In February 2013 I wrote a blog post entitled ‘Know your suppliers’, the story discussed the importance of your suppliers to you in your customer offering; poor suppliers leads to a poor service, whether that’s as a result of the quality of materials they supply, the service they give you or the way you treat them. However, I also have the view that your suppliers need to get to know you.
At the start of the relationship they have something you need whether that’s raw materials for manufacture and conversion, tools and machinery, or a better service than you had elsewhere. Quite often this puts them, not you in a position of strength and it’s inevitably all too easy to succumb to their requests and arrange payment usually in full on the first order, long before you’ve had the chance to ‘test’ the service.
This is a situation we’ve been exposed to several times, but we’re big believers that this ‘period of testing’ can and should work to serve both parties, not just your supplier. Remember, you’re trying to establish their credibility and performance and their trying to test your integrity and trust, so you can use this period to further enhance your reputation. Accepting their first demand may seem easy and of course it is, but how will you ever play ‘hard ball’ from this point onwards? It’s far better to negotiate the rules for engagement, a process that builds relationships…if each then fulfils their commitment to each other i.e. 50% payment up front, 50% on date of delivery, you’ve started the basis of what can become a much stronger business partnership from equal positions.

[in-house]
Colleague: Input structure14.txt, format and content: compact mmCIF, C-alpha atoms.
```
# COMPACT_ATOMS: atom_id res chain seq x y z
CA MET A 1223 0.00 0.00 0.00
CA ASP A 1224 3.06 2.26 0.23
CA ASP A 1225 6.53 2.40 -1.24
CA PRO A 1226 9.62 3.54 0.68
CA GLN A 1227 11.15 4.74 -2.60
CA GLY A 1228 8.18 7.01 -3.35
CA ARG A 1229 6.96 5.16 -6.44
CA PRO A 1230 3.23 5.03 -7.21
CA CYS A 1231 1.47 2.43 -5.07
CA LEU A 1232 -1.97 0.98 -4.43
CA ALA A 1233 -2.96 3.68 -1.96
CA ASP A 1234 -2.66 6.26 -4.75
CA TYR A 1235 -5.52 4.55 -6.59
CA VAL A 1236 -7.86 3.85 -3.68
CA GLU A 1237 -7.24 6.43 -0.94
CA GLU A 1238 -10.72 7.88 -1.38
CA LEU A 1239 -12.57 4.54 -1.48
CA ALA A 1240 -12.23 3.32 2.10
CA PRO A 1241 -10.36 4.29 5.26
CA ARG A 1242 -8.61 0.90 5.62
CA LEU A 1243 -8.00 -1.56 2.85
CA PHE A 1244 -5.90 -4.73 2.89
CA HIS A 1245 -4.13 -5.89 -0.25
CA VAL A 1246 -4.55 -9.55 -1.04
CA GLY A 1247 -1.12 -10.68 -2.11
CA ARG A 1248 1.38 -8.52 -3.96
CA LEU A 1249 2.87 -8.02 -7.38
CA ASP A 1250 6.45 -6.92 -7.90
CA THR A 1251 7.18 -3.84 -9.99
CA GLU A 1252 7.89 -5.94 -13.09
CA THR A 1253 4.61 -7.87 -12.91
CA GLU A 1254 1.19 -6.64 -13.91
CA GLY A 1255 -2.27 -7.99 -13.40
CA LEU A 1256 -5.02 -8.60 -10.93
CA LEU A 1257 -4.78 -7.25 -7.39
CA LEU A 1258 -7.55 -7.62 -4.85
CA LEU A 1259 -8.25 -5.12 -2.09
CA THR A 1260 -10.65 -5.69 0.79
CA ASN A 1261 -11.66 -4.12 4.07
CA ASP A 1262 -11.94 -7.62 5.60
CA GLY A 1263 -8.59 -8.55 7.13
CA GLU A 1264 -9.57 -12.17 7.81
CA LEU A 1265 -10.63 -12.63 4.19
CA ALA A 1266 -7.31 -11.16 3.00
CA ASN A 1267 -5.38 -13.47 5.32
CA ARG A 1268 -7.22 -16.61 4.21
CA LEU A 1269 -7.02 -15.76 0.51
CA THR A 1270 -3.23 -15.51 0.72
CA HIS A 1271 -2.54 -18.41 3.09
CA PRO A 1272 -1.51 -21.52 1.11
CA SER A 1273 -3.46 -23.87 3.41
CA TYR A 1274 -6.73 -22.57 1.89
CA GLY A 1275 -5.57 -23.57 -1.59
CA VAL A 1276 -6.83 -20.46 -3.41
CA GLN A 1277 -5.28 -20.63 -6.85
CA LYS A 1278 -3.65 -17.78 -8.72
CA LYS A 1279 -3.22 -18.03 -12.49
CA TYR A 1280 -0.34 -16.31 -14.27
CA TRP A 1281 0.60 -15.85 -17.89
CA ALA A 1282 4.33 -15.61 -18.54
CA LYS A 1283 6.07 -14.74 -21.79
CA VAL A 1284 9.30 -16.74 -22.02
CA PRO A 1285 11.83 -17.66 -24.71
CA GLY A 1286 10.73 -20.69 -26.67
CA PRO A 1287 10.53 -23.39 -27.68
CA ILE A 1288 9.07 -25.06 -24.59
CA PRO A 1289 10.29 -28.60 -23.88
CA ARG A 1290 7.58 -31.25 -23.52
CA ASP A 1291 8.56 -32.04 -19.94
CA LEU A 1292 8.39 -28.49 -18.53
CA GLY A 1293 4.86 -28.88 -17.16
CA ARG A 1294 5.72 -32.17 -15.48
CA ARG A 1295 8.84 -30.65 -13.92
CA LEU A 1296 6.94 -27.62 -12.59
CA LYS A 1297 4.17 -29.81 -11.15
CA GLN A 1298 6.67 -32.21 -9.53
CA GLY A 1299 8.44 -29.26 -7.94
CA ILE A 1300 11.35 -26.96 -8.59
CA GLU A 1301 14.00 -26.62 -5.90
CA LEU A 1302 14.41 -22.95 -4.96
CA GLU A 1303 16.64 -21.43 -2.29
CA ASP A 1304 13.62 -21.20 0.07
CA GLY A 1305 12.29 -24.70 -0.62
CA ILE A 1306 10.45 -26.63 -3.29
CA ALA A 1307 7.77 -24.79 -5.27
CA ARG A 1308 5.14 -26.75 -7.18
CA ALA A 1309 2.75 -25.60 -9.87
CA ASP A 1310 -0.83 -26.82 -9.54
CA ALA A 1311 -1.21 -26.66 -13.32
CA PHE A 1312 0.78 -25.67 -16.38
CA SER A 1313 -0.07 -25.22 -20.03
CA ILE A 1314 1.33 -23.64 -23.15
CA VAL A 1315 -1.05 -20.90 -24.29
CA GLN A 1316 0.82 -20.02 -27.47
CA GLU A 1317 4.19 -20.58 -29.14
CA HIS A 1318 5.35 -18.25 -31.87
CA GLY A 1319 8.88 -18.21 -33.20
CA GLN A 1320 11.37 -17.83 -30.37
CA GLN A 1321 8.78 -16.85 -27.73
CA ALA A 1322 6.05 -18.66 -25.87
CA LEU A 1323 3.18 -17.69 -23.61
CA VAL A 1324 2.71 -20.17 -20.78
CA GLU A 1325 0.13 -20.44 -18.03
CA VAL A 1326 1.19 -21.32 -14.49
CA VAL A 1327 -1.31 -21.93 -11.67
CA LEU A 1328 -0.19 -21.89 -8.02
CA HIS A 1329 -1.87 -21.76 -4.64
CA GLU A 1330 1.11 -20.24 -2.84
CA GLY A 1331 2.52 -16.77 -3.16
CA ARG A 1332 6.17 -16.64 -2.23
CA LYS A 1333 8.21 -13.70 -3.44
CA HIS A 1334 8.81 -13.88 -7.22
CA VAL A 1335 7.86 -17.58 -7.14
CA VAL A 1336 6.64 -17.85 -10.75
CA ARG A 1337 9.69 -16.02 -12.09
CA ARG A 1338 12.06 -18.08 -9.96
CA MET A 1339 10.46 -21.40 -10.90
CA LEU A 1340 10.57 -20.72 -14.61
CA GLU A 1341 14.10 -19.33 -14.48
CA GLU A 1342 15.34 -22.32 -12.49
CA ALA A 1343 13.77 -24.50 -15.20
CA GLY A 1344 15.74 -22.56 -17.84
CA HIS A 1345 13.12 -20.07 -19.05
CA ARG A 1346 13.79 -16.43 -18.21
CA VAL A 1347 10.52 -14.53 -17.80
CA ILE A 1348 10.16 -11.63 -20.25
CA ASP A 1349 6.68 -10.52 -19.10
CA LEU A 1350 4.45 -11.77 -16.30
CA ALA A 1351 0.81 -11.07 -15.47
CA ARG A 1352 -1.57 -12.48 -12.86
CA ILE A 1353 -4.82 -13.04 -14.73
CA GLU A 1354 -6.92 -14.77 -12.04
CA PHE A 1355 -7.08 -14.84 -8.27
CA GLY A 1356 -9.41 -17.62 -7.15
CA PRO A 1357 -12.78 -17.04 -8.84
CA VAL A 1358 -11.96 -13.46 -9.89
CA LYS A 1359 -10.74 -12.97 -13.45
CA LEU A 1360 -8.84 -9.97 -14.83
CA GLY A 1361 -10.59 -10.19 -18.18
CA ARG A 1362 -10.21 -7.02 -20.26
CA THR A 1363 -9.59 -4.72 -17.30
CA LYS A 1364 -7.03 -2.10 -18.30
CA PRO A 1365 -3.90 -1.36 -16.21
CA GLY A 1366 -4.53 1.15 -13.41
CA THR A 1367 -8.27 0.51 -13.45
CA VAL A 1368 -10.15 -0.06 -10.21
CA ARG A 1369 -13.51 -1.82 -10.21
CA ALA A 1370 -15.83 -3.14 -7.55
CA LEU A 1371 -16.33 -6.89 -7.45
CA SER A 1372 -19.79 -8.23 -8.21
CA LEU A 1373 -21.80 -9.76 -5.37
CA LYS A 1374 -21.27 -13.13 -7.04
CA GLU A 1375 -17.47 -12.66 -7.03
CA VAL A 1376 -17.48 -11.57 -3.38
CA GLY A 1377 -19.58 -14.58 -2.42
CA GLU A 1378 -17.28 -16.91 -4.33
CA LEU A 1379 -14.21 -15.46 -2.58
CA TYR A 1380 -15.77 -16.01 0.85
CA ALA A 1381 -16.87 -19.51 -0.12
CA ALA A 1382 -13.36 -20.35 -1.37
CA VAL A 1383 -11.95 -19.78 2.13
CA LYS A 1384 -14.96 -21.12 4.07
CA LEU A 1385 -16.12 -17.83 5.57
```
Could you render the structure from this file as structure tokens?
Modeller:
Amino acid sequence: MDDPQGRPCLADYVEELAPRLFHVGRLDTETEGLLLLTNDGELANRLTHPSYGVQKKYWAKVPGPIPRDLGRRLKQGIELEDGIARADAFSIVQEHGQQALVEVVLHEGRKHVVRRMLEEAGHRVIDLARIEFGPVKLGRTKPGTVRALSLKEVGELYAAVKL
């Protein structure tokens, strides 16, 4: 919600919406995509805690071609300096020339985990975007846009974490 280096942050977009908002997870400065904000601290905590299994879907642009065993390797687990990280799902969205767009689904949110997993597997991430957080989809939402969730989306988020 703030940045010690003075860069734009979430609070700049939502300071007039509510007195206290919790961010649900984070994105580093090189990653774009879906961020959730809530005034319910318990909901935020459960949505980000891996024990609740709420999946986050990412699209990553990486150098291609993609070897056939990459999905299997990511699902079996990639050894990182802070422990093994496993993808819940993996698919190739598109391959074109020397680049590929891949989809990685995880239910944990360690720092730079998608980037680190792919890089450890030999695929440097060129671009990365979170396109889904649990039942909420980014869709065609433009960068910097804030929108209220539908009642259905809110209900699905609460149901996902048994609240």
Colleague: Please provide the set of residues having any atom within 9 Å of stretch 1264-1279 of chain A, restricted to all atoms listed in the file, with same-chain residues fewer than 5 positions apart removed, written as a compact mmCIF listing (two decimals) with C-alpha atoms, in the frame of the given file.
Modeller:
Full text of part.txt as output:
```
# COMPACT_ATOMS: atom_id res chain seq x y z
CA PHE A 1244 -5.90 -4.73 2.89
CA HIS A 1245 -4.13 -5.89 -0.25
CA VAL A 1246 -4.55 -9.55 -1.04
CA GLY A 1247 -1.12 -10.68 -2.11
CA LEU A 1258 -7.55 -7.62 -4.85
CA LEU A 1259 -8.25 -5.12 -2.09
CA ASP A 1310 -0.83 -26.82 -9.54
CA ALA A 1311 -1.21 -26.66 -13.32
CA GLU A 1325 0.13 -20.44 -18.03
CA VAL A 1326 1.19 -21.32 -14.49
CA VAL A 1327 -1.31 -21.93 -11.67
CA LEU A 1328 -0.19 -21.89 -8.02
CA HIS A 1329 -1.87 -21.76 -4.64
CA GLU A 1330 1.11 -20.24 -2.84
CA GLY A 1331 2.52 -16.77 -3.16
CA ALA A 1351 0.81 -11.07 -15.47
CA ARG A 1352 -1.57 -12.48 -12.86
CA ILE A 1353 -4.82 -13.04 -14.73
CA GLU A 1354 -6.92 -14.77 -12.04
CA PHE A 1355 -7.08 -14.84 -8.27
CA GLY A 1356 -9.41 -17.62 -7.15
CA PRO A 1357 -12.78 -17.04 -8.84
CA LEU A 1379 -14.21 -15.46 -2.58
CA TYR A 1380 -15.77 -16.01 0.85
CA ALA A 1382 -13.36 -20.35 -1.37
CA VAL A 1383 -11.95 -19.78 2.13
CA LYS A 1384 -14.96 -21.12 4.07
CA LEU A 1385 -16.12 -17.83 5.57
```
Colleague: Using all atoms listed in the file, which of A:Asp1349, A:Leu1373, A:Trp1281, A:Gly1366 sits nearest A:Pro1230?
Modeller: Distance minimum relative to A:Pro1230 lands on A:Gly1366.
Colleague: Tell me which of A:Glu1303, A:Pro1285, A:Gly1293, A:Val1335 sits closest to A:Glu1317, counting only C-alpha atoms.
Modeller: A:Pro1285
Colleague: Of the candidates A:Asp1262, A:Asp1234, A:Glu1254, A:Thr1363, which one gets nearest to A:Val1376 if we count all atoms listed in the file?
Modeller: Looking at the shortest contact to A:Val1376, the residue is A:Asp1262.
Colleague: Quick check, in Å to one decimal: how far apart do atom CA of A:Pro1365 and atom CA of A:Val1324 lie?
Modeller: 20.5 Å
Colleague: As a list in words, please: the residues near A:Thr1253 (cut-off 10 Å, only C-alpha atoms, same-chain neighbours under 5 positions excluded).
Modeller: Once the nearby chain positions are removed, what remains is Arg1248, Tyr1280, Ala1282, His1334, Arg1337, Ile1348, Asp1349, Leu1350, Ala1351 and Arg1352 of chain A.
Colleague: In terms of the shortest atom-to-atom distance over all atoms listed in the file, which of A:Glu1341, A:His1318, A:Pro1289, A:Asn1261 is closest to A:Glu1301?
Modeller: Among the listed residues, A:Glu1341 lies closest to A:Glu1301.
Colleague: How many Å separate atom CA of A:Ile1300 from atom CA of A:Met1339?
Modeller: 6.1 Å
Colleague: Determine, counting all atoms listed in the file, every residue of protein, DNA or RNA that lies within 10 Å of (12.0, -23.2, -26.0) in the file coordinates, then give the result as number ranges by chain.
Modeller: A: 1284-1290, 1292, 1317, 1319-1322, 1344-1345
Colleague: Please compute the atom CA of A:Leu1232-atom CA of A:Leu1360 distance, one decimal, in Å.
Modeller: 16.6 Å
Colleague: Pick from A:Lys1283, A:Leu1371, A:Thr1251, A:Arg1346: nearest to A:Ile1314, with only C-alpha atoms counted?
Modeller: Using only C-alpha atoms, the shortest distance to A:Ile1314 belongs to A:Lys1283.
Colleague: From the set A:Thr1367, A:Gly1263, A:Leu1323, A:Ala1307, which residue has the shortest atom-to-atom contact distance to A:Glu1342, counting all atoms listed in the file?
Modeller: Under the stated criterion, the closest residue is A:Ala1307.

It’s a point worth noting as we’ve personally experienced stories of suppliers who recall the names of the biggest brands to convince you to pay up front. “We work with the biggest of brands our customers include John Lewis Group, Mercedes, Rentokil, Initial, BP, Sky, Rocol, Draper, Investec, Heinz and many more.” But if you, like us, are not a big brand why would this make any difference to how you feel about them? In fact couldn’t this mean you end up losing out when their big brands come calling?
If you want to build a reputation for being fair and honest without having to compromise on your position I find this stance often works very well, even when dealing with the most bullish of Financial Directors.
If you would like to respond to the comments in this blog post or talk to us about how we could help you in your business, please get in touch.